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Inside the untouched tomb of Peru’s ancient Wari royals

Inside the untouched tomb of Peru’s ancient Wari royals

Posted by Juan Gavasa on May 26, 2014

For archeologists, the unlooted Wari tomb at El Castillo de Huarmey in Peru was truly full of buried treasure.

The untouched mausoleum contained not only gold jewelry and copper-alloy axes, but also mummified women believed to have been queens and a painted flask that tells of a Wari lord traveling by raft.

The June issue of National Geographic offers a peek into the chambers and artifacts that are helping scholars and archeologists pieces together the history of the mysterious people who established an empire in the Andes centuries before the Incas.

A team of Polish and Peruvian archeologists lead by Milosz Giersz announced the discovery of the royal tomb in June 2013.

They had actually found it a few months earlier but kept their revolutionary find under wraps out of fear that modern day looters would descend upon the at-least-1,000-year-old temple.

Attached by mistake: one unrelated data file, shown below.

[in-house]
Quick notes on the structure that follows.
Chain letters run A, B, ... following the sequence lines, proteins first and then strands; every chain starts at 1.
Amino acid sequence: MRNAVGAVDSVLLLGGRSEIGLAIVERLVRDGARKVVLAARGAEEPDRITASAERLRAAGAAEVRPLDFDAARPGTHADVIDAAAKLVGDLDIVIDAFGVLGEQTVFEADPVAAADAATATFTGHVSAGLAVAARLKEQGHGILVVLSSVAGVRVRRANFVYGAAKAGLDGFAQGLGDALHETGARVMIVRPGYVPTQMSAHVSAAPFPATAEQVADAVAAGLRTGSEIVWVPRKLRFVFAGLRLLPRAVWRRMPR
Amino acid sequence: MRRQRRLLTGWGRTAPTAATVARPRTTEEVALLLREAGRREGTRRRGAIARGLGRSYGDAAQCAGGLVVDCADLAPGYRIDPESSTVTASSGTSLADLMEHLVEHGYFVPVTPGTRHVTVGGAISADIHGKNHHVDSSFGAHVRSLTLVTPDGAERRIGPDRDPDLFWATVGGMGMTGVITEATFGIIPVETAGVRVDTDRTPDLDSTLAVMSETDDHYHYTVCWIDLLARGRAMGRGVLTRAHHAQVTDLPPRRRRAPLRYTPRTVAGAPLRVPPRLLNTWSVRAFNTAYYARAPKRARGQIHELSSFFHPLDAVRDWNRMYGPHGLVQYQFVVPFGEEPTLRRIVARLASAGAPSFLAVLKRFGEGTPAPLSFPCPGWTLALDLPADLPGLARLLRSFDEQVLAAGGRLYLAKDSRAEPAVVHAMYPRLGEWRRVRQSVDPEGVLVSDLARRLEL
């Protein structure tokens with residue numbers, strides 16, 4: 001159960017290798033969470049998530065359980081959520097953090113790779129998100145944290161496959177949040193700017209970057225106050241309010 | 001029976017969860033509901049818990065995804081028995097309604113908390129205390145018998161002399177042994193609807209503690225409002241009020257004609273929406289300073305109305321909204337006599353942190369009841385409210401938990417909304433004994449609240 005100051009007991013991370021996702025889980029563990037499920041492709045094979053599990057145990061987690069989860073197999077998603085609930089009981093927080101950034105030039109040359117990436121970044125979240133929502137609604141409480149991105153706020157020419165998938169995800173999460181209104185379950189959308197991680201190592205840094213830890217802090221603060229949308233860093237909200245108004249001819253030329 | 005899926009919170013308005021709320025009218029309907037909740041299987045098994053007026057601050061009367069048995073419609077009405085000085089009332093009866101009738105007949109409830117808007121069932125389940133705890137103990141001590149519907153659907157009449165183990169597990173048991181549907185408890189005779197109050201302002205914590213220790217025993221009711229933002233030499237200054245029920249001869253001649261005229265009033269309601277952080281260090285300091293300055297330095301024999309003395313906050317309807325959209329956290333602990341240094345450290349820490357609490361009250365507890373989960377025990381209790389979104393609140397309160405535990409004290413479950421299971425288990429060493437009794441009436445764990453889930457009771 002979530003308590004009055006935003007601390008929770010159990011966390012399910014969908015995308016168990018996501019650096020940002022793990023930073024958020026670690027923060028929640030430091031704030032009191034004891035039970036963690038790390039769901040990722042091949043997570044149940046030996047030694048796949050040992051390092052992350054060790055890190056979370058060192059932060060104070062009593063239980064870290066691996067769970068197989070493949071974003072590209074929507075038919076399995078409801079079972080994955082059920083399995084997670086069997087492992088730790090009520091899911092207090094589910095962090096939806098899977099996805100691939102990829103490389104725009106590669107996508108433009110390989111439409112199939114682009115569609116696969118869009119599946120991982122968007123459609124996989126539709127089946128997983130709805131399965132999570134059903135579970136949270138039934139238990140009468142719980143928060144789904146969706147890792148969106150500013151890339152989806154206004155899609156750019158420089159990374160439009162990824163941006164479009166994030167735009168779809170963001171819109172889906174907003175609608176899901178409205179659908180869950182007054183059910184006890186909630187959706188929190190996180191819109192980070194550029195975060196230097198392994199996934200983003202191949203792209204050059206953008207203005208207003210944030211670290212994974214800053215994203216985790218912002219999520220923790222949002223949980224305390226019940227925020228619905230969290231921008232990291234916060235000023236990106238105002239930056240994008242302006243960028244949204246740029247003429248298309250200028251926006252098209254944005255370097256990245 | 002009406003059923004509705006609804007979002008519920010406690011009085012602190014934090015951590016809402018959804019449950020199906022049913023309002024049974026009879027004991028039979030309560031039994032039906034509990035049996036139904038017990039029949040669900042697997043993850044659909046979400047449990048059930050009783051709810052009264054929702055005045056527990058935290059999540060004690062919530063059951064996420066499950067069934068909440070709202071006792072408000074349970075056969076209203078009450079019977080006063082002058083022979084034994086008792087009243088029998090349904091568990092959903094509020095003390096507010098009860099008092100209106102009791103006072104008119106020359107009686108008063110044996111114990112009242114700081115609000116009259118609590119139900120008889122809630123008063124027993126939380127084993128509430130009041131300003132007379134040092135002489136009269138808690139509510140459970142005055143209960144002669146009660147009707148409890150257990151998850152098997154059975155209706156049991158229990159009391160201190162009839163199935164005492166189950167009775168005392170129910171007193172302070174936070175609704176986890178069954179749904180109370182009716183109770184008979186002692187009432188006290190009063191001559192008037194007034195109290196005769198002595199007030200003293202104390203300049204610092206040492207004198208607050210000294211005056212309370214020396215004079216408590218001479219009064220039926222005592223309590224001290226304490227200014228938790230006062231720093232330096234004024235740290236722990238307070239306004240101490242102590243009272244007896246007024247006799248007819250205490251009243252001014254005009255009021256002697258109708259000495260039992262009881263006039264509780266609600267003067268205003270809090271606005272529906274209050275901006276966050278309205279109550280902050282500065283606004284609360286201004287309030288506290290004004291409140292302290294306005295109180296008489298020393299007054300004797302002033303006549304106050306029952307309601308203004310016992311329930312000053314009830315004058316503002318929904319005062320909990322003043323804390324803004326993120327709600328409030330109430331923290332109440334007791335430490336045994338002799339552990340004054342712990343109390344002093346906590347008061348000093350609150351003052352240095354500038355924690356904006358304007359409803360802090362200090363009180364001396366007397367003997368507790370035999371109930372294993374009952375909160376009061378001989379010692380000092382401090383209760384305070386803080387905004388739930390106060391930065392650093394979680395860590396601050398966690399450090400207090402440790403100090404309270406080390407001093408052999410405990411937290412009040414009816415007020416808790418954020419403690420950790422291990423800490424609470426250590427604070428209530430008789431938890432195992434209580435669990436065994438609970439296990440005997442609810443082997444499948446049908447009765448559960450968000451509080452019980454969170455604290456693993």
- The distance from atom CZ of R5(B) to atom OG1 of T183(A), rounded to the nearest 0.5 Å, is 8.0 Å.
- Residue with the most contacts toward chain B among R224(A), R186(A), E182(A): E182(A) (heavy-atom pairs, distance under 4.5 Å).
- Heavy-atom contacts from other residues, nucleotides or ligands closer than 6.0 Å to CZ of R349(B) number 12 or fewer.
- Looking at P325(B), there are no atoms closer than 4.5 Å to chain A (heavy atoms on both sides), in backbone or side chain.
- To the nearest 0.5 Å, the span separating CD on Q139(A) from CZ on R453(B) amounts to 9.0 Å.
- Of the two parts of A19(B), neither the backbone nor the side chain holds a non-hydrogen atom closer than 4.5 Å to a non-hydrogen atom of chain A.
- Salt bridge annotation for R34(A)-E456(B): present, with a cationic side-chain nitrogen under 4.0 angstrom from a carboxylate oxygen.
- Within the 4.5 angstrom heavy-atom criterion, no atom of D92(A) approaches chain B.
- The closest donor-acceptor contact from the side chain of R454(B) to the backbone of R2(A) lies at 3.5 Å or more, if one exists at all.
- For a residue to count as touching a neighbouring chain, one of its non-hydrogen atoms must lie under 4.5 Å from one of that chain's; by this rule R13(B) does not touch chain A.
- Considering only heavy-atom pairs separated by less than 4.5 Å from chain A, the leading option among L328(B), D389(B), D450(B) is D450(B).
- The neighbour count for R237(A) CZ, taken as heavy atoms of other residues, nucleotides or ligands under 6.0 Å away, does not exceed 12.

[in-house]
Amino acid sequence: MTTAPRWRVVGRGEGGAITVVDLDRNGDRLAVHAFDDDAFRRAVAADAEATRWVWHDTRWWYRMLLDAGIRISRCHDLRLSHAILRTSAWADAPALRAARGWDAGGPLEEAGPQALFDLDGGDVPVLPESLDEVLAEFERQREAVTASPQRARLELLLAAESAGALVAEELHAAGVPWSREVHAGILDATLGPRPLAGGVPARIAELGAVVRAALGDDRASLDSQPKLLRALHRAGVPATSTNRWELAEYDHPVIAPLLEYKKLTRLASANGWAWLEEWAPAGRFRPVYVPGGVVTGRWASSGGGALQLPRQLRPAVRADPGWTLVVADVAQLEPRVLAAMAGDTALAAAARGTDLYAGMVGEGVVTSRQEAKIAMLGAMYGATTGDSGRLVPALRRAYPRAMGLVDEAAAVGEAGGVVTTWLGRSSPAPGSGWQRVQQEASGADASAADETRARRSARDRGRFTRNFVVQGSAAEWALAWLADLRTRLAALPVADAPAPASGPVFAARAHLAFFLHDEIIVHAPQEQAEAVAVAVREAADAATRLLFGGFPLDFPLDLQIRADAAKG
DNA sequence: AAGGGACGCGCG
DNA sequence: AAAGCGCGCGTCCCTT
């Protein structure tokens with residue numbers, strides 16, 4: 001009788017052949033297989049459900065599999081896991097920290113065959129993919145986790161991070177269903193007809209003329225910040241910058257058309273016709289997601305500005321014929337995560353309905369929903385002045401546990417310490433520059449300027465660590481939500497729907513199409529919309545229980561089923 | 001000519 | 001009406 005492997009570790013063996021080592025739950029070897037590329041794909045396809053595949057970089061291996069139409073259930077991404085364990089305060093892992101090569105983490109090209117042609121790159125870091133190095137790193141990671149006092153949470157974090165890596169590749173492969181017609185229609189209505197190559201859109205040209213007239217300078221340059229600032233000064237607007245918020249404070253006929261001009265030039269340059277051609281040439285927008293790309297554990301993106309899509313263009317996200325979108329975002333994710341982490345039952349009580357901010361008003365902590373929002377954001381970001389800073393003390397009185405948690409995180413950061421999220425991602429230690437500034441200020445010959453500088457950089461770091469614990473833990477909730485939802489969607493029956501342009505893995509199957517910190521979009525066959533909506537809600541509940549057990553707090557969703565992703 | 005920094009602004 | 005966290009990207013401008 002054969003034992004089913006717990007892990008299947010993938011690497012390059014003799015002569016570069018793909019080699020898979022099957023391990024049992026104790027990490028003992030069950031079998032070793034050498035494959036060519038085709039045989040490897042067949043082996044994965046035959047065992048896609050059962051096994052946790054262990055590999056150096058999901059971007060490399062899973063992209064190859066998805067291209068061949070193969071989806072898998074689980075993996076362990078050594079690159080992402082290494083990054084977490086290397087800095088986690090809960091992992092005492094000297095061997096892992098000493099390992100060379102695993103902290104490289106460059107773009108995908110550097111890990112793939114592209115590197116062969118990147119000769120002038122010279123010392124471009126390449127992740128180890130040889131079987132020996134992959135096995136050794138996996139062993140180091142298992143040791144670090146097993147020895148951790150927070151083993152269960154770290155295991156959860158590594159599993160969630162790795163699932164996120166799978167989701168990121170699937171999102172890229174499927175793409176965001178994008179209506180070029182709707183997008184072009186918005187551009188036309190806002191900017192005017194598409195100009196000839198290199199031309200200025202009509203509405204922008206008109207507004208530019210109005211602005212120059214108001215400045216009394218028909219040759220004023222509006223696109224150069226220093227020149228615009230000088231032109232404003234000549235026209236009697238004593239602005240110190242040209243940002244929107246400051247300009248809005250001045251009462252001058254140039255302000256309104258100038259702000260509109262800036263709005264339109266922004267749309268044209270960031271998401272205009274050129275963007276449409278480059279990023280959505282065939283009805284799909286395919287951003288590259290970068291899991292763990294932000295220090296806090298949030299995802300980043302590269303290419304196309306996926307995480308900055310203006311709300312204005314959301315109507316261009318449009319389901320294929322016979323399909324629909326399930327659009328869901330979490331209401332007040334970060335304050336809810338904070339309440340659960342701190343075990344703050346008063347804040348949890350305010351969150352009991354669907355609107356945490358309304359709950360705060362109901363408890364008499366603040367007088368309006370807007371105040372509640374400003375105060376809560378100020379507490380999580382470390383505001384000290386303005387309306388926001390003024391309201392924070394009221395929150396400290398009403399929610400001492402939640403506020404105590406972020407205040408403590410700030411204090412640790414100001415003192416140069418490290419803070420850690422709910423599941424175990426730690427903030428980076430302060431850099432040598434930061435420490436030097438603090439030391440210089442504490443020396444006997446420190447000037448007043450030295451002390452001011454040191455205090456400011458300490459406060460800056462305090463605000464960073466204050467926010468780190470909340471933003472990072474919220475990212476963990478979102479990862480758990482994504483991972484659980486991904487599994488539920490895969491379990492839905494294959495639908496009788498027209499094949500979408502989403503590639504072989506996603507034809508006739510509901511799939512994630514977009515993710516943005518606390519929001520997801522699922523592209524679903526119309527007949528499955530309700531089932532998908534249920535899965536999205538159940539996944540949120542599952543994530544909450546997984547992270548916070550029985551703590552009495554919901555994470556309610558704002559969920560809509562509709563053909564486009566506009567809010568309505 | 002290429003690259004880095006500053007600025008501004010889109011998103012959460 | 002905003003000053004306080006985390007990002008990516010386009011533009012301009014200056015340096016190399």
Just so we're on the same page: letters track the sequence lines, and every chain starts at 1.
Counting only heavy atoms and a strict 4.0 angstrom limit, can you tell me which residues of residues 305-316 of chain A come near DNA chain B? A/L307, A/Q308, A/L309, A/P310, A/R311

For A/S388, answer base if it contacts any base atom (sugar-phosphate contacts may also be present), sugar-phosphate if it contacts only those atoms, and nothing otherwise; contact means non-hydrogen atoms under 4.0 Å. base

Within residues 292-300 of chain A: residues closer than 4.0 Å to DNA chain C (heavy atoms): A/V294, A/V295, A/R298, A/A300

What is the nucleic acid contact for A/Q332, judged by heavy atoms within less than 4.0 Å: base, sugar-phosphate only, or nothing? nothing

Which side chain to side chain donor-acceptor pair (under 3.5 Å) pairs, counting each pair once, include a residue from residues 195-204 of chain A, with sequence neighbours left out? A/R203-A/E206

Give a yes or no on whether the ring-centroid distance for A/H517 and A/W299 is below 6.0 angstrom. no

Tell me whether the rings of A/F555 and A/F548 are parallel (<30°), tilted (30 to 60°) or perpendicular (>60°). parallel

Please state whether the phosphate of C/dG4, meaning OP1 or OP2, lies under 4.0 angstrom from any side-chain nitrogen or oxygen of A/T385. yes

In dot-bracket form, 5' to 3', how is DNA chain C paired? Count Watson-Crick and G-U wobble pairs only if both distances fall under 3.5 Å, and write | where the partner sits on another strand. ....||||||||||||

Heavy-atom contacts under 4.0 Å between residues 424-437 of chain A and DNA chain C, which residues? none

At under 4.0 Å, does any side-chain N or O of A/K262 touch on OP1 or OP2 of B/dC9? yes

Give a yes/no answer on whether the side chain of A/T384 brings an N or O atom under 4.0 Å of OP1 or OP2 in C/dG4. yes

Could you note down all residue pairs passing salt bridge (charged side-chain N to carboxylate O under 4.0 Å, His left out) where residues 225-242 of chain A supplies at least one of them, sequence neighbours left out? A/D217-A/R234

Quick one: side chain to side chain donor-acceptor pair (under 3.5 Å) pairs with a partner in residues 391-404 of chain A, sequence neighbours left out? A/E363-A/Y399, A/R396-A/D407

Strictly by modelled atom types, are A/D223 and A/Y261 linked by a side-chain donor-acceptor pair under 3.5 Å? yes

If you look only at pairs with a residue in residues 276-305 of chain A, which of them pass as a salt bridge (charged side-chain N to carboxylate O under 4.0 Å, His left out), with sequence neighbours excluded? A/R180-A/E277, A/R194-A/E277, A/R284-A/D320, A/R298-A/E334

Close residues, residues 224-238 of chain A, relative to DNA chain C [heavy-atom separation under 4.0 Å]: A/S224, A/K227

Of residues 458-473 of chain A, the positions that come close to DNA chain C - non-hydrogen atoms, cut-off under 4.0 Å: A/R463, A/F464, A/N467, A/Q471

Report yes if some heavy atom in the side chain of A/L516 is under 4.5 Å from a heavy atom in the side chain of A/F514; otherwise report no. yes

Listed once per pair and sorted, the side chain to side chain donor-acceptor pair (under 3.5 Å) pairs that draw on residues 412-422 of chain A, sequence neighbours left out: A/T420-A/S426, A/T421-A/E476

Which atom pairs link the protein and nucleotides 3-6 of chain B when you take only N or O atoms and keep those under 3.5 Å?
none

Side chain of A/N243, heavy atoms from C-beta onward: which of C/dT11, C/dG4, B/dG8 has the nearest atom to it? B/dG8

El Castillo de Huarmey, which is located about 185 miles north of Lima, had already been hit by grave robbers who tunneled into the hillside.

However, they missed the regal burial chambers that were filled with the remains of well-to-do Wari women and their attendants, as well as those of human sacrifices.

Little is known about the ancient Wari civilization. Archeologists believe they started their rise to power in the seventh century A.D., and built the first Andean empire between 700 and 1000 A.D.

They had no known writing system and left no records, so the discoveries at El Castillo are helping paint a clearer picture of the way the Wari expanded and ruled their empire.

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